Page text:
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ISU researchers, Vermeer team up to study machine wear and tear

TAGS: Equipment
Tyler Harris Vermeer machine in field
NEXT STEPS: ISU researchers will assist Vermeer in validating and implementing the machine health monitoring tool on some of the Vermeer machines.
Project to develop methods to detect machine faults and automate machine health monitoring.

Issues caused by wear and tear on rotating machinery could be easier to detect and predict because of a research partnership between Iowa State University and Vermeer Corp.

Vermeer makes the iconic yellow iron seen on industrial job sites and farm fields worldwide. Headquartered in Pella, Iowa, the company has manufacturing facilities and regional offices around the world. Its products are used in the agriculture, fluid management, landscape, pipeline, recycling, surface mining, technology solutions, tree care, utility installation, vacuum excavation and wood waste industries.

Chao Hu, ISU assistant professor of mechanical engineering, and his team of student researchers have been integral in this two-phase project, which began in September 2019. During the project’s first phase, the researchers focused on developing a rotor balancing method, capable of detecting and correcting an unbalance in a rotor-bearing system. Unbalance occurs in these systems when the center of mass, or gravity, of a rotor deviates from its axis of rotation.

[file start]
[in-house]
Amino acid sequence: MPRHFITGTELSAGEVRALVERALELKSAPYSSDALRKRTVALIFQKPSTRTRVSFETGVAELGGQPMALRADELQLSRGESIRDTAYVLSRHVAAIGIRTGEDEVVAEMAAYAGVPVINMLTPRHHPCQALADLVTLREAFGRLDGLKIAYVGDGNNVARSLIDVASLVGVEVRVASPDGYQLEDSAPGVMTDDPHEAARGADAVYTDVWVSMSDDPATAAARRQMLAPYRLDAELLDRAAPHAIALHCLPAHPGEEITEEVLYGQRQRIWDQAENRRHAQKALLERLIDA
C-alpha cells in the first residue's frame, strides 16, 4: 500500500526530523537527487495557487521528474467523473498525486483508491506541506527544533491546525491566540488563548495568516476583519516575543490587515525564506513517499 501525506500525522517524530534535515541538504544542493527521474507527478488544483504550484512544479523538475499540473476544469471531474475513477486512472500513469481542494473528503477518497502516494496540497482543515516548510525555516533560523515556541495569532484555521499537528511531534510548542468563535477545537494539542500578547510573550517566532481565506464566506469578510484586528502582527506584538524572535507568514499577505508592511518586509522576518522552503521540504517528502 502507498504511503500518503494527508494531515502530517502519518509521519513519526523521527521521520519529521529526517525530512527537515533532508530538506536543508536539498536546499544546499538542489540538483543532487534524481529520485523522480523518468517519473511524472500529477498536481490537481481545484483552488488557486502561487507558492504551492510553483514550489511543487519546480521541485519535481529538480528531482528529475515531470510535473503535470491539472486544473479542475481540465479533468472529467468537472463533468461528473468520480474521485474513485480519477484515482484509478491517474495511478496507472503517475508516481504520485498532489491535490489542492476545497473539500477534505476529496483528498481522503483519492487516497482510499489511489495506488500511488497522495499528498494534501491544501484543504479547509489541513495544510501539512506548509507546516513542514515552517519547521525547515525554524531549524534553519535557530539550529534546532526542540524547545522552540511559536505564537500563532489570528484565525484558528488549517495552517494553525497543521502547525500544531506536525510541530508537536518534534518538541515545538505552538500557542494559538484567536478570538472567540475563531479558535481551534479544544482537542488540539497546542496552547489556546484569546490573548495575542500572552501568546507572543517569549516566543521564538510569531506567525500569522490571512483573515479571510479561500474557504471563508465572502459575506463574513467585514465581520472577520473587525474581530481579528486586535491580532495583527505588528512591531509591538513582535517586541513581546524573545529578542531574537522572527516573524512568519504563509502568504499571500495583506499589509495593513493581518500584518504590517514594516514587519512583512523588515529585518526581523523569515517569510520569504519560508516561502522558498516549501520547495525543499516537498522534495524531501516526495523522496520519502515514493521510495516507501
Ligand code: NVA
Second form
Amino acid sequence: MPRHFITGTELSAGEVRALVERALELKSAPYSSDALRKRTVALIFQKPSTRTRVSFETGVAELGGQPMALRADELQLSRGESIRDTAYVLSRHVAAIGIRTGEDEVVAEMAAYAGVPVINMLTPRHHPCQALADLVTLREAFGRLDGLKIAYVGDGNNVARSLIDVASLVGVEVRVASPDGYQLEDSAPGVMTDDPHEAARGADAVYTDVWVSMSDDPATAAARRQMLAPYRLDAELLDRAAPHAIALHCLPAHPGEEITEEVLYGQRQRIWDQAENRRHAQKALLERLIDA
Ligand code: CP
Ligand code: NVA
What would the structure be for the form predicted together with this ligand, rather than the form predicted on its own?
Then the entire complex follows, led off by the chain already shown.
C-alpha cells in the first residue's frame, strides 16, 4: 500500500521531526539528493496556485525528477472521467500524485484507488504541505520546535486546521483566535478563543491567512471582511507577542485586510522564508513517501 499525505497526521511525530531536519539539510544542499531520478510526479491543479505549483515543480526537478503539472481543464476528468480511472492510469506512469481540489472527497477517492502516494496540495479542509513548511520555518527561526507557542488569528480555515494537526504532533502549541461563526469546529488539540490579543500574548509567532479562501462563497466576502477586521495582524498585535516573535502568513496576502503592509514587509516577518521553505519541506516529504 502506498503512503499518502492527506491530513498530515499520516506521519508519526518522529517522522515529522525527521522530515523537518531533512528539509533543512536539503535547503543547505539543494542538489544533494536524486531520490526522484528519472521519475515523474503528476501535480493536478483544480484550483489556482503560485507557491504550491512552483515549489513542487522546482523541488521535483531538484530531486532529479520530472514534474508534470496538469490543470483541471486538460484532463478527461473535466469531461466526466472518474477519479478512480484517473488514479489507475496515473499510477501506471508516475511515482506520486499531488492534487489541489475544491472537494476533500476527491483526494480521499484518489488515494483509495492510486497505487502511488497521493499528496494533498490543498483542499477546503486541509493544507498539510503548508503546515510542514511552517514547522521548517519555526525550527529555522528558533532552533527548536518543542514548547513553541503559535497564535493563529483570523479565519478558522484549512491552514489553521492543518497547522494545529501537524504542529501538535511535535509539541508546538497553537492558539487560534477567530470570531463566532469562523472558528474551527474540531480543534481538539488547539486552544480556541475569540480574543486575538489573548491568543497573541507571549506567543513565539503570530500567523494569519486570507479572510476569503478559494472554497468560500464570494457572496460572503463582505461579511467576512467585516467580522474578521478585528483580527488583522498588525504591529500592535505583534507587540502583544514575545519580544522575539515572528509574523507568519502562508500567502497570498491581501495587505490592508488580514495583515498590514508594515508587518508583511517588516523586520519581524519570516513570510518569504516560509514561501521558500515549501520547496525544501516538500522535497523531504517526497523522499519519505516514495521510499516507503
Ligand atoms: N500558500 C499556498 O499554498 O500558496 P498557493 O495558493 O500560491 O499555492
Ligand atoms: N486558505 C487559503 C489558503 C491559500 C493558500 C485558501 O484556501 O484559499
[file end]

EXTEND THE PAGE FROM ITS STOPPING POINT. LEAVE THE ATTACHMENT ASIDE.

“Many of the machine faults and failures are caused directly or indirectly by excessive vibrations generated due to unbalances in rotor systems,” Hu says. “Hence, it is of critical importance to monitor such vibrations and reduce them through timely, accurate and cost-effective balancing when a machine operates in the field.”

Engineering concepts used

The researchers relied on mechanical engineering concepts and methods, such as design of bearing and shaft components during this initial phase. Hu, who teaches these concepts and methods, says this knowledge was helpful in understanding the operating principles and characteristics of the rotor-bearing system. The research team also applied concepts of machine health monitoring to the algorithm development for rotor balancing.

Mechanical engineering Ph.D. students Nazli Javadi Eshkalak and Hao Lu, as well as a handful of undergraduate students, contributed to this first phase. Eshkalak conducted a literature review to get better insight on shaft balance monitoring and the methods used to detect and correct shaft unbalance.

“I tried to develop an algorithm which could detect whether or not the rotating shaft was unbalanced and consequently could specify the correction weights that were required to be placed on the rotor to minimize the initial vibrations of the rotor system,” Eshkalak says, adding that the developed algorithm was verified by conducting experiments on a test stand at the Wind Energy Systems Laboratory on the ISU campus. The test stand had been designed and built by the Vermeer team.

Ready for next phase

During Phase 2, the researchers will extend the findings from Phase 1 to other types of machine faults, with the hope of developing an automated, field-deployable tool for onboard machine health monitoring.

“The basic idea of this tool is to process and analyze, in almost real-time, sensor data collected from operating machines to provide transparency to machine health and achieve near-zero breakdown performance,” Hu says.